This is What I Want, Too…

I just came across this on a friend’s Facebook page, and knew I had to post it here.  It’s by a woman named Zoe Leonard, an artist and member of the collective Fierce Pussy, which is also associated with Act Up (AIDS Coalition to Unleash Power).  To be honest, I’d never heard of her before today (although I’d certainly heard of Act Up back in the days when I worked with people with HIV/AIDS in New York), but when I read this quote I felt that it had to be a part of this blog:

“I want a dyke for president. I want a person with aids for president and I want a fag for vice president and I want someone with no health insurance and I want someone who grew up in a place where the earth is so saturated with toxic waste that they didn’t have a choice about getting leukemia. I want a president that had an abortion at sixteen and I want a candidate who isn’t the lesser of two evils and I want a president who lost their last lover to aids, who still sees that in their eyes every time they lay down to rest, who held their lover in their arms and knew they were dying. I want a president with no airconditioning, a president who has stood on line at the clinic, at the dmv, at the welfare office and has been unemployed and layed off and sexually harassed and gaybashed and deported. I want someone who has spent the night in the tombs and had a cross burned on their lawn and survived rape. I want someone who has been in love and been hurt, who respects sex, who has made mistakes and learned from them. I want a Black woman for president. I want someone with bad teeth and an attitude, someone who has eaten that nasty hospital food, someone who crossdresses and has done drugs and been in therapy. I want someone who has committed civil disobedience. And I want to know why this isn’t possible. I want to know why we started learning somewhere down the line that a president is always a clown: always a john and never a hooker. Always a boss and never a worker, always a liar, always a thief and never caught.”

I’m with you, Zoe.

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4 thoughts on “This is What I Want, Too…

  1. A.M.B. November 20, 2012 at 7:08 pm Reply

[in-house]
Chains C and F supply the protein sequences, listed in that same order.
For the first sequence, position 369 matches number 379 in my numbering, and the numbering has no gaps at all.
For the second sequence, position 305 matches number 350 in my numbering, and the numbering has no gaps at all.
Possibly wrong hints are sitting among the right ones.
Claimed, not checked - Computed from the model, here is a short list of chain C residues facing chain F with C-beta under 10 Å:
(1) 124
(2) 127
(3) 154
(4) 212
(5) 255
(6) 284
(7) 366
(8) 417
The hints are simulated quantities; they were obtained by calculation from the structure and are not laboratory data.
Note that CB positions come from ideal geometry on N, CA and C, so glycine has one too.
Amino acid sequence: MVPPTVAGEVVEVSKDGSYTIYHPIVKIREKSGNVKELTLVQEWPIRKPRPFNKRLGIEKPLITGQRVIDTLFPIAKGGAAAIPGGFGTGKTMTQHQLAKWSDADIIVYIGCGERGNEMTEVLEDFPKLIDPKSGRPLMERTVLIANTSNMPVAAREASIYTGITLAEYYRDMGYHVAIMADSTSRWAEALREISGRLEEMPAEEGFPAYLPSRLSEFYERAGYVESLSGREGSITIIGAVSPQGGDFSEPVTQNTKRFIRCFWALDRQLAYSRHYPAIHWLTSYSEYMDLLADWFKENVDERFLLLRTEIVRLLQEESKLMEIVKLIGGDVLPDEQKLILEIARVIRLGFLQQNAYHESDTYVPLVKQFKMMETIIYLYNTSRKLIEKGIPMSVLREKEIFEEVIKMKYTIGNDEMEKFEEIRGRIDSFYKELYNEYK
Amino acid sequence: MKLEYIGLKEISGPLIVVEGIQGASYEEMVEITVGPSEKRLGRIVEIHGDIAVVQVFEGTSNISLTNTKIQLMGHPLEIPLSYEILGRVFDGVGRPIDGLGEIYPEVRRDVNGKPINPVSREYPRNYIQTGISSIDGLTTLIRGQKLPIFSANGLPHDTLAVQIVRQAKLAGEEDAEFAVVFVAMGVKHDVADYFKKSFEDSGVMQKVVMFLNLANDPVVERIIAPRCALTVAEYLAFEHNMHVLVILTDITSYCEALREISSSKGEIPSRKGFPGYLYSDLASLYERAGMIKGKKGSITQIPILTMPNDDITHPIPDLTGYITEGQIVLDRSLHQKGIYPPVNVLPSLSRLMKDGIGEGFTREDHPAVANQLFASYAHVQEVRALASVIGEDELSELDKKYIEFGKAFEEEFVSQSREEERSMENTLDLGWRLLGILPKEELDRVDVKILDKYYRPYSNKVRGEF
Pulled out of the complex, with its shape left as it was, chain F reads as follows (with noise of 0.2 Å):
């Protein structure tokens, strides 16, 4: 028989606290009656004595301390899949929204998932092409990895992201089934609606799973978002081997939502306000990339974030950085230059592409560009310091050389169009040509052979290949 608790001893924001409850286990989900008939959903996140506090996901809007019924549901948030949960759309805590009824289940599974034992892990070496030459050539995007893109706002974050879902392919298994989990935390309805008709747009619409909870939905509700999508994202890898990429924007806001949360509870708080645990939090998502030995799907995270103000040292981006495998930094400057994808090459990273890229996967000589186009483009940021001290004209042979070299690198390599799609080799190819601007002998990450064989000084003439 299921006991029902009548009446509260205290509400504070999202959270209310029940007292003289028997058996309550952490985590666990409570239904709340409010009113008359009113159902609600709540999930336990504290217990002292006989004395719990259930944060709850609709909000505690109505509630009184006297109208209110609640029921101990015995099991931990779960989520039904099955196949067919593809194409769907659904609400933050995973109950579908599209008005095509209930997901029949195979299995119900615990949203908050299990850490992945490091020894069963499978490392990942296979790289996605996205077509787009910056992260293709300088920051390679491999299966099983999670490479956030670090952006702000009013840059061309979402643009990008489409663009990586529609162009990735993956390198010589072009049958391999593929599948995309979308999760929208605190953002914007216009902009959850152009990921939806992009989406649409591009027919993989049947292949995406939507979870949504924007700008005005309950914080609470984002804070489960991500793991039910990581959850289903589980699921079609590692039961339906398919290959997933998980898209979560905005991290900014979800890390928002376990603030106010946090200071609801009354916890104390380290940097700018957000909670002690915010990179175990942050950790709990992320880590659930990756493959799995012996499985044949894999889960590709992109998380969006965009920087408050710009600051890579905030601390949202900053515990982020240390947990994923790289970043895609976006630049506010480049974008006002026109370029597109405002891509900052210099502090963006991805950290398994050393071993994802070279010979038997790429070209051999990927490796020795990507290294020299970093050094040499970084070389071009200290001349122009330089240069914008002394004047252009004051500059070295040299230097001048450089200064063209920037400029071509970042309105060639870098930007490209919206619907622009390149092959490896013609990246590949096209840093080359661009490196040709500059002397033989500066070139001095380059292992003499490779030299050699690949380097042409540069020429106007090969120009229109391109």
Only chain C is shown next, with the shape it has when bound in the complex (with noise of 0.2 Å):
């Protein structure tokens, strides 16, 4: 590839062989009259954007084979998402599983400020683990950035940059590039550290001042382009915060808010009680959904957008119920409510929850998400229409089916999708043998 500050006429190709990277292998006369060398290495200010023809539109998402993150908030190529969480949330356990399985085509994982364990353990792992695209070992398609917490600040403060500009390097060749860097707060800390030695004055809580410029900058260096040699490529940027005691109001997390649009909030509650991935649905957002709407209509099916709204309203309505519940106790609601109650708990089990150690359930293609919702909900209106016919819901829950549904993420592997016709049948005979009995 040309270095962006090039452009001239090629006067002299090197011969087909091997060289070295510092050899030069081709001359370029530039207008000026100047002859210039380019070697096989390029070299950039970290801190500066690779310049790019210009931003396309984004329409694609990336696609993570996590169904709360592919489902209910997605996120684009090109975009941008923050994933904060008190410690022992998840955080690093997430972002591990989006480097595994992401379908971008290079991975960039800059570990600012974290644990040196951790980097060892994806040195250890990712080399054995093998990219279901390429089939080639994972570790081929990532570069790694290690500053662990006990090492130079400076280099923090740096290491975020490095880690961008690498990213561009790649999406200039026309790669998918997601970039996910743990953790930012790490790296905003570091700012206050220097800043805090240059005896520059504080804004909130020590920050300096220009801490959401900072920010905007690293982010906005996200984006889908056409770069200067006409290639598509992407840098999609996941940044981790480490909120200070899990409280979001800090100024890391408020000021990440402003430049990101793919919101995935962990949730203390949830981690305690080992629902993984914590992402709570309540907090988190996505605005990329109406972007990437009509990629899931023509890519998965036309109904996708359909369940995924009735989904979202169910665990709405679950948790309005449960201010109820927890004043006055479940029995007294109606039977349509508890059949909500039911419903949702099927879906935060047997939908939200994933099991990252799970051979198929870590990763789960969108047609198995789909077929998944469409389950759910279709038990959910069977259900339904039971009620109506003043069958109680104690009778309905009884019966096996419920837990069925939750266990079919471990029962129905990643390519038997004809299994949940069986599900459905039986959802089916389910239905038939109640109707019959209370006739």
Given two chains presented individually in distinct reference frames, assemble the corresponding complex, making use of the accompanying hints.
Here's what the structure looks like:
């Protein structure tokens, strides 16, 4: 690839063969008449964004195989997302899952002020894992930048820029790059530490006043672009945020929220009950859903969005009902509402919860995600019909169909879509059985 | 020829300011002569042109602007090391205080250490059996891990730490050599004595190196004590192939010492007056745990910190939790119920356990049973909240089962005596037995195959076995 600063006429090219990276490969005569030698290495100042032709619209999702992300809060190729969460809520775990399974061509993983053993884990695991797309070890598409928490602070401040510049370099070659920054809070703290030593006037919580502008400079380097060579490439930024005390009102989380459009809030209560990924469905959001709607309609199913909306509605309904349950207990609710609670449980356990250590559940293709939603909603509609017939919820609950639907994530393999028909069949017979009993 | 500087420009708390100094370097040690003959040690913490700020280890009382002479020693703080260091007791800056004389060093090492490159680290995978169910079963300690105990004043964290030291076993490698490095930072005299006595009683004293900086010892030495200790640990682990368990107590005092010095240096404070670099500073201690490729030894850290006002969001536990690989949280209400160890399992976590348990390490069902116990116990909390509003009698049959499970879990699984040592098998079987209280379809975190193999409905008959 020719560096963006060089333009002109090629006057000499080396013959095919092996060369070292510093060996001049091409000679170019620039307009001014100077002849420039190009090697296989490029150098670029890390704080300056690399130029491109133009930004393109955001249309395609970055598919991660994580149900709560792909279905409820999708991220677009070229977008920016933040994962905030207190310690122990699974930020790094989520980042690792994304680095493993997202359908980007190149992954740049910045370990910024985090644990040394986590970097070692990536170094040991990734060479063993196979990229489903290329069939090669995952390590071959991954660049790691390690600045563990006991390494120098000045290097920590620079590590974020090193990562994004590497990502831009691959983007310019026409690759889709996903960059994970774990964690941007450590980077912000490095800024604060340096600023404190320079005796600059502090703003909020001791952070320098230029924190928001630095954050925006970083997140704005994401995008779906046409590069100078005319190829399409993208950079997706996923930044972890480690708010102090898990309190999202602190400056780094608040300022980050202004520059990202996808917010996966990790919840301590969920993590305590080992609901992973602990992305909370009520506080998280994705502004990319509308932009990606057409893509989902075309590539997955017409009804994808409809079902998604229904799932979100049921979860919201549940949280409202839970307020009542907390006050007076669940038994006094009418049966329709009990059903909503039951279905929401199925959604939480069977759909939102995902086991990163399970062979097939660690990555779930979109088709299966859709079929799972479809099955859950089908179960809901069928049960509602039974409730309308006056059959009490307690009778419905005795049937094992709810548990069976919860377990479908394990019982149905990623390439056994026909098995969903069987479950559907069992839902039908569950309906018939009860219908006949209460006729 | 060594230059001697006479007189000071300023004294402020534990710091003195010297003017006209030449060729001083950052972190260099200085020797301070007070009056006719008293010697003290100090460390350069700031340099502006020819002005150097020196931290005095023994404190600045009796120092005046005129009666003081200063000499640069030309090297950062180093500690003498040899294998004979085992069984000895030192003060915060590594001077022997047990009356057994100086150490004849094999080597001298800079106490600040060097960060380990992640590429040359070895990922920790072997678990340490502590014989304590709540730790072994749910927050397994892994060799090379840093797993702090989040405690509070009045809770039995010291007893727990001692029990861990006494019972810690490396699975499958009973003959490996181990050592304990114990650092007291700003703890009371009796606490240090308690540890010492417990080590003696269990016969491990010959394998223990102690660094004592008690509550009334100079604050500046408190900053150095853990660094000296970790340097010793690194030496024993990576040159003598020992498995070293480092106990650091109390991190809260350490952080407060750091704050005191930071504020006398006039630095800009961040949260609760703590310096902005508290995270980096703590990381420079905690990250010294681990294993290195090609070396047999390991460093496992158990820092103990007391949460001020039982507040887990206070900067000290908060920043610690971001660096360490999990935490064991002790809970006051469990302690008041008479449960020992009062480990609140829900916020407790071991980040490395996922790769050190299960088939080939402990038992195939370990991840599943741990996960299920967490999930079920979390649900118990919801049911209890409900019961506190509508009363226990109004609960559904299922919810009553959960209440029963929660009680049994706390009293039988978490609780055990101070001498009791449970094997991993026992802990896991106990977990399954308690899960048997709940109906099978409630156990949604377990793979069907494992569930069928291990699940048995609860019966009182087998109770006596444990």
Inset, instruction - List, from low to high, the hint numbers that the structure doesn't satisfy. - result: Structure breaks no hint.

That’s a powerful passage. I’m going to have to think about it more. In some ways, we have made progress when it comes to who can run for President and other high offices in the US. It’s no longer limited to people who were born wealthy into two-parent households, but we still expect a certain background. For example, even though President Obama’s early childhood and ethnic background differs substantially from Romney’s, both candidates went to Harvard Law School.

    • holdingbreathmemoir November 21, 2012 at 2:22 am Reply

      It IS powerful–it was one of those things that make me wonder why I hadn’t already thought of something like it. And, as your comment implies, that “why” is important. Even the most liberal among us (and I’m seriously on the liberal side of the spectrum) seem to take for granted that a presidential candidate have certain “credentials” that don’t necessarily have to do with experience or relevant education. I think that a lot of peope even assume, without ever thinking about it, that a candidate has to be Christian. When there are “accusations” that Obama is “secretly Moslem,” others deny it, and yet you almost never hear anyone say, “Even if he were Moslem, so WHAT?!”

      But I’m not particularly political. I just would like to see someone who’s really known what it’s like to be on the losing end of things, and who’s been misunderstood and despised and disrespected for not “making it” according to this society’s standards, someone who’s truly capable of empathy because they’ve been there, run things for a while. In lieu of that, I’m damned glad that Obama is still president, and that Romney (and, to a greater extent, Ryan) didn’t make it into the White House.

      • A.M.B. November 21, 2012 at 2:34 am

        It would be amazing to have people in the White House, Governor’s mansions, and sitting in our federal and state legislatures who understand what it is like to live life as part of the vilified 47% in their adult years. As a country, we blame the poor too much for their life circumstances to ever vote them into high office. We think that being poor is their fault.

  2. holdingbreathmemoir November 21, 2012 at 2:44 am Reply

    Vilifying and blaming–yes. I don’t know if it’s always been that way and I just hadn’t paid enough attention to understand that, or if it’s gotten worse. It makes me very sad that that’s the case.

    I took a look at your site–it looks really interesting! I see that you went to Harvard Law as well. My mother went, too, but she graduated in (I think) 1955. She was one of about three women in the class–does she have some stories to tell about that! 🙂

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